Everybody’s business: The loss, profit game

By Sandra Taylor-Sawyer: CNJ business columnist

In order to make good management decisions, the usage and regular review of monthly financial statements are necessary tasks. The two basic financial statements are the balance sheet and the profit and loss (income) statement. The profit and loss statement is the focus for this article.

The income statement consists of all income derived from the sale of products or services, including commission received. In New Mexico, the gross receipts tax (sales tax) rate will be multiplied by the income received. The computed amount represents the tax due to the state. The gross receipts tax is the only tax paid using total income received.

Another main area aside from the income received is the allowable expenditures of a business. Allowable is an important word. All cash outflow of a business is not automatically an expense.

The Internal Revenue Service defines a business expense as a necessary and ordinary cost that is helpful and appropriate for the business. Expenses are further categorized in four areas: cost of goods sold, capital expense, deductible expense and personal expense.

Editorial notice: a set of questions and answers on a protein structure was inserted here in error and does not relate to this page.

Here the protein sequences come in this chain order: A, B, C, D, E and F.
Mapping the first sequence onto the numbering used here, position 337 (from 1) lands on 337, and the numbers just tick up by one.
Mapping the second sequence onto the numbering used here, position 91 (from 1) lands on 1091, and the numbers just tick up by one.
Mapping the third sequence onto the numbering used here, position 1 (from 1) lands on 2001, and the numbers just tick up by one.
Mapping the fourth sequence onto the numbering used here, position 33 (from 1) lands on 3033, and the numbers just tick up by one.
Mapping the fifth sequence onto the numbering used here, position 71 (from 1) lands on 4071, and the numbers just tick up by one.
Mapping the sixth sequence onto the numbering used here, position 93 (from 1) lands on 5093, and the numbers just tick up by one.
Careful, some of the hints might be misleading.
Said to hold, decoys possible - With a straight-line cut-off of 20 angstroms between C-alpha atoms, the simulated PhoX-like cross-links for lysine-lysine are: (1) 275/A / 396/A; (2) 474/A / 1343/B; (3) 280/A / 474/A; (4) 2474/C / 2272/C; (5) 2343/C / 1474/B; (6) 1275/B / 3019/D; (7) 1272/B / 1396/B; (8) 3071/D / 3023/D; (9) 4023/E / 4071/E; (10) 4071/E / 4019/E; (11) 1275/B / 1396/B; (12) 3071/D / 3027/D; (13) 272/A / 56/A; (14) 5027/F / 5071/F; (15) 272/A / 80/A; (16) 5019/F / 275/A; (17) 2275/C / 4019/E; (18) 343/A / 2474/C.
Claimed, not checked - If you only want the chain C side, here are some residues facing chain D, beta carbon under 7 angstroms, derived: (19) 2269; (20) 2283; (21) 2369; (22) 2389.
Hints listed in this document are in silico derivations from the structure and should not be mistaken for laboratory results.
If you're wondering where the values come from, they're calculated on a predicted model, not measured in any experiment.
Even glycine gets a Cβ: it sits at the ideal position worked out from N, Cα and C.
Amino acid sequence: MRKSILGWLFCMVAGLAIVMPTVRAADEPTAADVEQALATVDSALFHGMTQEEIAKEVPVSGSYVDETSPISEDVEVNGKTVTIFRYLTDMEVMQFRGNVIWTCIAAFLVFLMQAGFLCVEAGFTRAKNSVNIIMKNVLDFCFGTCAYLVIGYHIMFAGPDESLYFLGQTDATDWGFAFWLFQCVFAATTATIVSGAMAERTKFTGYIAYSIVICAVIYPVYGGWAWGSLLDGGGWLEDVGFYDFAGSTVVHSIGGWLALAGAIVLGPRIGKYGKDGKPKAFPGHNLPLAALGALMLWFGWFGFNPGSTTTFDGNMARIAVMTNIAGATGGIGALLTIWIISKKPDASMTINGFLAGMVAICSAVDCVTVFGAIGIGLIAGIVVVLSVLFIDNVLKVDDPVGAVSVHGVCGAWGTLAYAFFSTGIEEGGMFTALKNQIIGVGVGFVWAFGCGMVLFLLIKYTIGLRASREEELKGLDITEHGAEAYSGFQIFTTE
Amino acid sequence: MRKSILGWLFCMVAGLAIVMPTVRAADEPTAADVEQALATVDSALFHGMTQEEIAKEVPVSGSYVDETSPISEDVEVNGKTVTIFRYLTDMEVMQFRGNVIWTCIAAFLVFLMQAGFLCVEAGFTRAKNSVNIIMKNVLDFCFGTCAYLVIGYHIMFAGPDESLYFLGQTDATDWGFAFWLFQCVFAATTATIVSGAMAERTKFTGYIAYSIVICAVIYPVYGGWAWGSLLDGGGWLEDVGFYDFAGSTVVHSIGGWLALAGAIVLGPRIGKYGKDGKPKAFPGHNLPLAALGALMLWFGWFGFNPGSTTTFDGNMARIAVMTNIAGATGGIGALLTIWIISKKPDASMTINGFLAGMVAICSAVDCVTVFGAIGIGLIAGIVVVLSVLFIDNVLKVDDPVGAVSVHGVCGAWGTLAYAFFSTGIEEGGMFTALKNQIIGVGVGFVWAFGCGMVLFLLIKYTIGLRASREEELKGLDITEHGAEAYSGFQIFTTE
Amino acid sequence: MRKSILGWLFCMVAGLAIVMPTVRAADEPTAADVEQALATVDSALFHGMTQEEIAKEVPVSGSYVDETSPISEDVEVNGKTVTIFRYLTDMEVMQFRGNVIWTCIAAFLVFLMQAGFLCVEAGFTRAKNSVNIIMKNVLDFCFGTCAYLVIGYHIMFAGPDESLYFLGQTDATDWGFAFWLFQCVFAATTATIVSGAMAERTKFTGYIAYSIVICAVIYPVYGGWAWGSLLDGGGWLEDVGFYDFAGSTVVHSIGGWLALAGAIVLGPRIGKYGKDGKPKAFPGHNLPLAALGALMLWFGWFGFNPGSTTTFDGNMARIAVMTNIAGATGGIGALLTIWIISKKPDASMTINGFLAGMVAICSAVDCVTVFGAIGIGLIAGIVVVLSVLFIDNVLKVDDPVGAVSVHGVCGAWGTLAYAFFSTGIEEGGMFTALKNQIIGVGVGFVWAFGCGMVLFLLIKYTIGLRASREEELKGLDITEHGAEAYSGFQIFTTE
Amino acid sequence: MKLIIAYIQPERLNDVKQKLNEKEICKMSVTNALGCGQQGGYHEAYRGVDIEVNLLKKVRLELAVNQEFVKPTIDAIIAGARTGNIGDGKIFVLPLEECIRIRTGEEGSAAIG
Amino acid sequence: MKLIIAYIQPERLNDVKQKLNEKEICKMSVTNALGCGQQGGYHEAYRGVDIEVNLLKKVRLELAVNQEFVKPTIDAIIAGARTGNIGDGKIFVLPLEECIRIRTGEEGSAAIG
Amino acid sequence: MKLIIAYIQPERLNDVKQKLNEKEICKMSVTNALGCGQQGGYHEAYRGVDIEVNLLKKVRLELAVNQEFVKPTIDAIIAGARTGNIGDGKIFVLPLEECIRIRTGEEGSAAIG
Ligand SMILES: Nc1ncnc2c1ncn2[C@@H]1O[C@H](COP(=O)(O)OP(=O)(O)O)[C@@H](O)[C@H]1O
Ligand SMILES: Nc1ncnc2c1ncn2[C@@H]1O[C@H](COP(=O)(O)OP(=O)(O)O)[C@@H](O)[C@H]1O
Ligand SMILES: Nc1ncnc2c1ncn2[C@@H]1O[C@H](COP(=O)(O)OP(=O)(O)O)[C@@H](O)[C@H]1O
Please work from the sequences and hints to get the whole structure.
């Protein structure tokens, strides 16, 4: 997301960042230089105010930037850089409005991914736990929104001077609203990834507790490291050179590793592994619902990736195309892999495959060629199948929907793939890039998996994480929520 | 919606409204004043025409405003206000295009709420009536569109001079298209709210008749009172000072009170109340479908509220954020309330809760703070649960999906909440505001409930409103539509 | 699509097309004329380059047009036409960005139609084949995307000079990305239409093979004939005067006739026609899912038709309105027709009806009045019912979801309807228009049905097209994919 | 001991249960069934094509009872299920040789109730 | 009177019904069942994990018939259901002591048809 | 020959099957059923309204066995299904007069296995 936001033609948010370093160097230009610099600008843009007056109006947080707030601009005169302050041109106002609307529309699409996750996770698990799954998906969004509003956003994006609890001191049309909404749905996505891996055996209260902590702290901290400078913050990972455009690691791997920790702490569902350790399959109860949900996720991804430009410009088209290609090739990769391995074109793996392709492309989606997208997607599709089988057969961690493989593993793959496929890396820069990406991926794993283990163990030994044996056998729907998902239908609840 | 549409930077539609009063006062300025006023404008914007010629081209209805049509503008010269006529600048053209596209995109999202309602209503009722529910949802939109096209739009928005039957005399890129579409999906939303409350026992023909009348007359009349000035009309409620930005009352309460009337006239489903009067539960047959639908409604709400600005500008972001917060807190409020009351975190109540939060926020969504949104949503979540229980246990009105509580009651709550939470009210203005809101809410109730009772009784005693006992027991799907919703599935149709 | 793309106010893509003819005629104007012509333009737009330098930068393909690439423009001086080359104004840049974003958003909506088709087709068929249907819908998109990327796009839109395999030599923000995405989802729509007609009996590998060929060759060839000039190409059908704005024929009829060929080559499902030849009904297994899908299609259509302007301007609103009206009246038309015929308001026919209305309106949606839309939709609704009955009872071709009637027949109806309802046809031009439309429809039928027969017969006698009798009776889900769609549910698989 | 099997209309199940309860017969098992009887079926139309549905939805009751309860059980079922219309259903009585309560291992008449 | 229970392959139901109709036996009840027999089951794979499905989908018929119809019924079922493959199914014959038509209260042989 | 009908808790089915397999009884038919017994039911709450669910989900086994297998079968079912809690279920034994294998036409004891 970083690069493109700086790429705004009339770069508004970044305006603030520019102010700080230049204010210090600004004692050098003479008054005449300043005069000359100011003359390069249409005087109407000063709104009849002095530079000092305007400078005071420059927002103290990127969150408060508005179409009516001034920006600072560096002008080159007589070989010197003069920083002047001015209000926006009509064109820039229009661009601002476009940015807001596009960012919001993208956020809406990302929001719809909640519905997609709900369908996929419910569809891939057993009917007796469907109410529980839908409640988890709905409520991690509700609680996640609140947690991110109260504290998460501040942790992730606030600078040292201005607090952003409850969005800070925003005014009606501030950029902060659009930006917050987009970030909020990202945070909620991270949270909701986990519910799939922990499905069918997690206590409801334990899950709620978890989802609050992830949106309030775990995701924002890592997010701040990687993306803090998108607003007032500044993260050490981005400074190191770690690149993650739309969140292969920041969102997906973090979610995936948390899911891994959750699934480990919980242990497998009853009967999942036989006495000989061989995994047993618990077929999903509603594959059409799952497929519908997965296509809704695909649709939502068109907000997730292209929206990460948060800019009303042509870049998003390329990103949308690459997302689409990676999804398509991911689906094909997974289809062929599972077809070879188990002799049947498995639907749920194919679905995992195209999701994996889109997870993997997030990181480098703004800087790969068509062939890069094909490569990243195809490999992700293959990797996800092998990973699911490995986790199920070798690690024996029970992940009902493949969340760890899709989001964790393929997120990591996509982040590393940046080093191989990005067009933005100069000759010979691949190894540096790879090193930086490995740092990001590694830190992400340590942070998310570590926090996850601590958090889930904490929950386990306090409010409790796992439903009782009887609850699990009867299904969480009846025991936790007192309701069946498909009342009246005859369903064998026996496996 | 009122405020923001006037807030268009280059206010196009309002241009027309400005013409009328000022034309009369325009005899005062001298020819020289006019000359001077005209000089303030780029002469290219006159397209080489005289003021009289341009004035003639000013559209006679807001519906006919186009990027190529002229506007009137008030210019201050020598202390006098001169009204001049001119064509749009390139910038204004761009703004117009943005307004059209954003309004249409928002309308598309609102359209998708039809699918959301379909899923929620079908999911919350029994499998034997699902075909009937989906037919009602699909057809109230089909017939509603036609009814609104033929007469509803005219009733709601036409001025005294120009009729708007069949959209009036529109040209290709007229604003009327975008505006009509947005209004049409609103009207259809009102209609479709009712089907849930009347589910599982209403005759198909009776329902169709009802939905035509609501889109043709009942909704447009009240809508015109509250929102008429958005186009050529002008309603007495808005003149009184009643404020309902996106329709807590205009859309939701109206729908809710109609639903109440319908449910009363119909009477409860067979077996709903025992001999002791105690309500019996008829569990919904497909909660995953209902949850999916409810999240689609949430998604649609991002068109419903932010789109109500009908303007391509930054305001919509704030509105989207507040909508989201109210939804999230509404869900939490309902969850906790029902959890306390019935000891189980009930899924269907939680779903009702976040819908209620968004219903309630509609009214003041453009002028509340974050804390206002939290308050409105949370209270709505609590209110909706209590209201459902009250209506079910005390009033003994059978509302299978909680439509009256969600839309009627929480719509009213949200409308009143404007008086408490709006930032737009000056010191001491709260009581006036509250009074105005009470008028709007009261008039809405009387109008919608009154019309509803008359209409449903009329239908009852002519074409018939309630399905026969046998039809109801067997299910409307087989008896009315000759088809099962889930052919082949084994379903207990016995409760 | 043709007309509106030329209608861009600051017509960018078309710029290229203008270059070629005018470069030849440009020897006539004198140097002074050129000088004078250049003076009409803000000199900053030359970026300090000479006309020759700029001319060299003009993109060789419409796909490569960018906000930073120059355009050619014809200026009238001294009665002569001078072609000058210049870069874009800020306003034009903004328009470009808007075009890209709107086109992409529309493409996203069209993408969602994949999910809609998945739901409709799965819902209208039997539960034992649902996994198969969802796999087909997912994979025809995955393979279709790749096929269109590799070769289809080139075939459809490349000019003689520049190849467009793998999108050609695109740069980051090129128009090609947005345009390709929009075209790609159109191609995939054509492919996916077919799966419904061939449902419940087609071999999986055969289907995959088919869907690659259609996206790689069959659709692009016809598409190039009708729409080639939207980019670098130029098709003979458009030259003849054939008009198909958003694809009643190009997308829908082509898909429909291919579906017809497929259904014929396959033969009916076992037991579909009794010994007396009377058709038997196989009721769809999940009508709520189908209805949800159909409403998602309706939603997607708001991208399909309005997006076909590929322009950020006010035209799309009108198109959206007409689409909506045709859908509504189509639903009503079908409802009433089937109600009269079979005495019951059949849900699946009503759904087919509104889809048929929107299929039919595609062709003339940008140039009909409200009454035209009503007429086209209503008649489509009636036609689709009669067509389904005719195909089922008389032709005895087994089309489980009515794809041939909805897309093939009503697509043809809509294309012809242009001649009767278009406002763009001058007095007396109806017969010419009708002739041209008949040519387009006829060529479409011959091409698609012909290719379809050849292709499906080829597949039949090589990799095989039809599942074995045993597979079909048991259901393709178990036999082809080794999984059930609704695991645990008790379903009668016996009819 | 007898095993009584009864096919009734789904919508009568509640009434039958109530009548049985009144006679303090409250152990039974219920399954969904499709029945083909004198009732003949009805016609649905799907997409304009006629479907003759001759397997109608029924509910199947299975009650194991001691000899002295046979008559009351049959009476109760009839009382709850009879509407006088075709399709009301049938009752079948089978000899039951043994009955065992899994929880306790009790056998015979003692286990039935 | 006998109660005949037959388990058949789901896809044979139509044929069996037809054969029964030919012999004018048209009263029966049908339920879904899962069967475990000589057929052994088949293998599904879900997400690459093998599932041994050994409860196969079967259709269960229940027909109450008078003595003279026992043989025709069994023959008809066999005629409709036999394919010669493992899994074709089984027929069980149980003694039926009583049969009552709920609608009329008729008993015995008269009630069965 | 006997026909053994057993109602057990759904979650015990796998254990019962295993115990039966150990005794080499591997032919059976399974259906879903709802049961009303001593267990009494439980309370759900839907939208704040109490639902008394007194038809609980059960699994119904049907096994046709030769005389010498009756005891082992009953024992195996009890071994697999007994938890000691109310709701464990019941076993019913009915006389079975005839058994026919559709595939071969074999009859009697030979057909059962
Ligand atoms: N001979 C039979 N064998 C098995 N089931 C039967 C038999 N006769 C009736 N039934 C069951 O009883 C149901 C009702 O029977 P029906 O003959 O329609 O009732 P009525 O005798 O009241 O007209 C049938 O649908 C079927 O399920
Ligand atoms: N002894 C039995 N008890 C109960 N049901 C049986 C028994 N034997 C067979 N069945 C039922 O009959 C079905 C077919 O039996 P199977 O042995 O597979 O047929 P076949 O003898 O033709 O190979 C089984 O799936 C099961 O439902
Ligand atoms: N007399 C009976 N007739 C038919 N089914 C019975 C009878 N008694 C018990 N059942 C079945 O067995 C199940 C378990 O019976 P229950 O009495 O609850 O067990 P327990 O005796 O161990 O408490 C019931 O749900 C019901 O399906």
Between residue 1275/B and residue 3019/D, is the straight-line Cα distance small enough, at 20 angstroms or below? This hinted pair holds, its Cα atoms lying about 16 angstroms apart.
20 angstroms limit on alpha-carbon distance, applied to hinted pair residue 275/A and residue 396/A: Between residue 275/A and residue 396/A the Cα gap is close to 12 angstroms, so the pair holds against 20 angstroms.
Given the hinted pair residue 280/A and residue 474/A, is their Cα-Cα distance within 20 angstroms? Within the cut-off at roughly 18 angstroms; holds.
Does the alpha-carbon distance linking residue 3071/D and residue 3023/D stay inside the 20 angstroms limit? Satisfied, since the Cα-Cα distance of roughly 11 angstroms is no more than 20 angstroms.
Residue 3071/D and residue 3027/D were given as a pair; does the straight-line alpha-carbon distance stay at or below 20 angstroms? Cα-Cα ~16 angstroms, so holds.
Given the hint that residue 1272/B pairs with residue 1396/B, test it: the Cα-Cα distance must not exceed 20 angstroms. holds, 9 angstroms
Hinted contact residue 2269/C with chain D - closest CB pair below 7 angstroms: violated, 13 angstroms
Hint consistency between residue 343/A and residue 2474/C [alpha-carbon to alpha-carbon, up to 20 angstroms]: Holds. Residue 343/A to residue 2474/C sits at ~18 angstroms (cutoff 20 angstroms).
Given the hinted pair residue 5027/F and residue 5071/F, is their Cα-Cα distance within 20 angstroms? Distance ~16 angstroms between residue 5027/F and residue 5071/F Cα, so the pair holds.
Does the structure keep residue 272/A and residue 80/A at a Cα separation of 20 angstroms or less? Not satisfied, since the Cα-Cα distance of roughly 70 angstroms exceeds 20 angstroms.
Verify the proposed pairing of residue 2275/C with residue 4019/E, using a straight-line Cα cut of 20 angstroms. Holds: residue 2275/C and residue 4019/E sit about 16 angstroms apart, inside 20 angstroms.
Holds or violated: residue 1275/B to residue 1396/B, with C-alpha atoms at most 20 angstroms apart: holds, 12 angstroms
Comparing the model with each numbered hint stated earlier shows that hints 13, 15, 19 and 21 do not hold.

Cost of goods sold reflects the cost of inventory sold.

Capital expenses are monies used to purchase assets such as property, vehicles, or equipment. The cost of these assets is expensed out over the life of the asset by using a method called depreciation.

Deductible expenses reflect costs such as wages, utilities and advertising. The deductible costs are expensed within the year of occurrence or when paid, depending on the accounting method used (accrual or cost).

Personal expenses are not a common allowable expense for a business.

After the cost of goods sold and allowable deductions are subtracted from income received, the difference can be a net gain or a net loss. This is where the tax obligation of a business will be determined. If there is a gain, the business owes tax; if there is a loss, there is not a tax obligation.

Human nature dictates a celebration when there are not any tax obligations, which is OK until a loan is needed or it is time to sell the business.

When a lender reviews a loan proposal, the income tax return is a very important document that will be reviewed. A consistent loss from year to year will not conclude in a favorable outcome.

The loss demonstrates the business has substantial issues and may be dying a slow death. If a loan is given, it will be obtained at a high cost, either by a high interest rate or waiting another year or more for approval.

The other drawback in having a continuous net loss is when one tries to sell the business. There are not many individuals who are willing to purchase a business with a record of losses. The old saying “pay now or pay later” rings true.

Regardless of the type of business, nationality of the owner or location of the business, all entities (business or personal) should pay a fair share of taxes, which means income and expenses must be recorded accurately.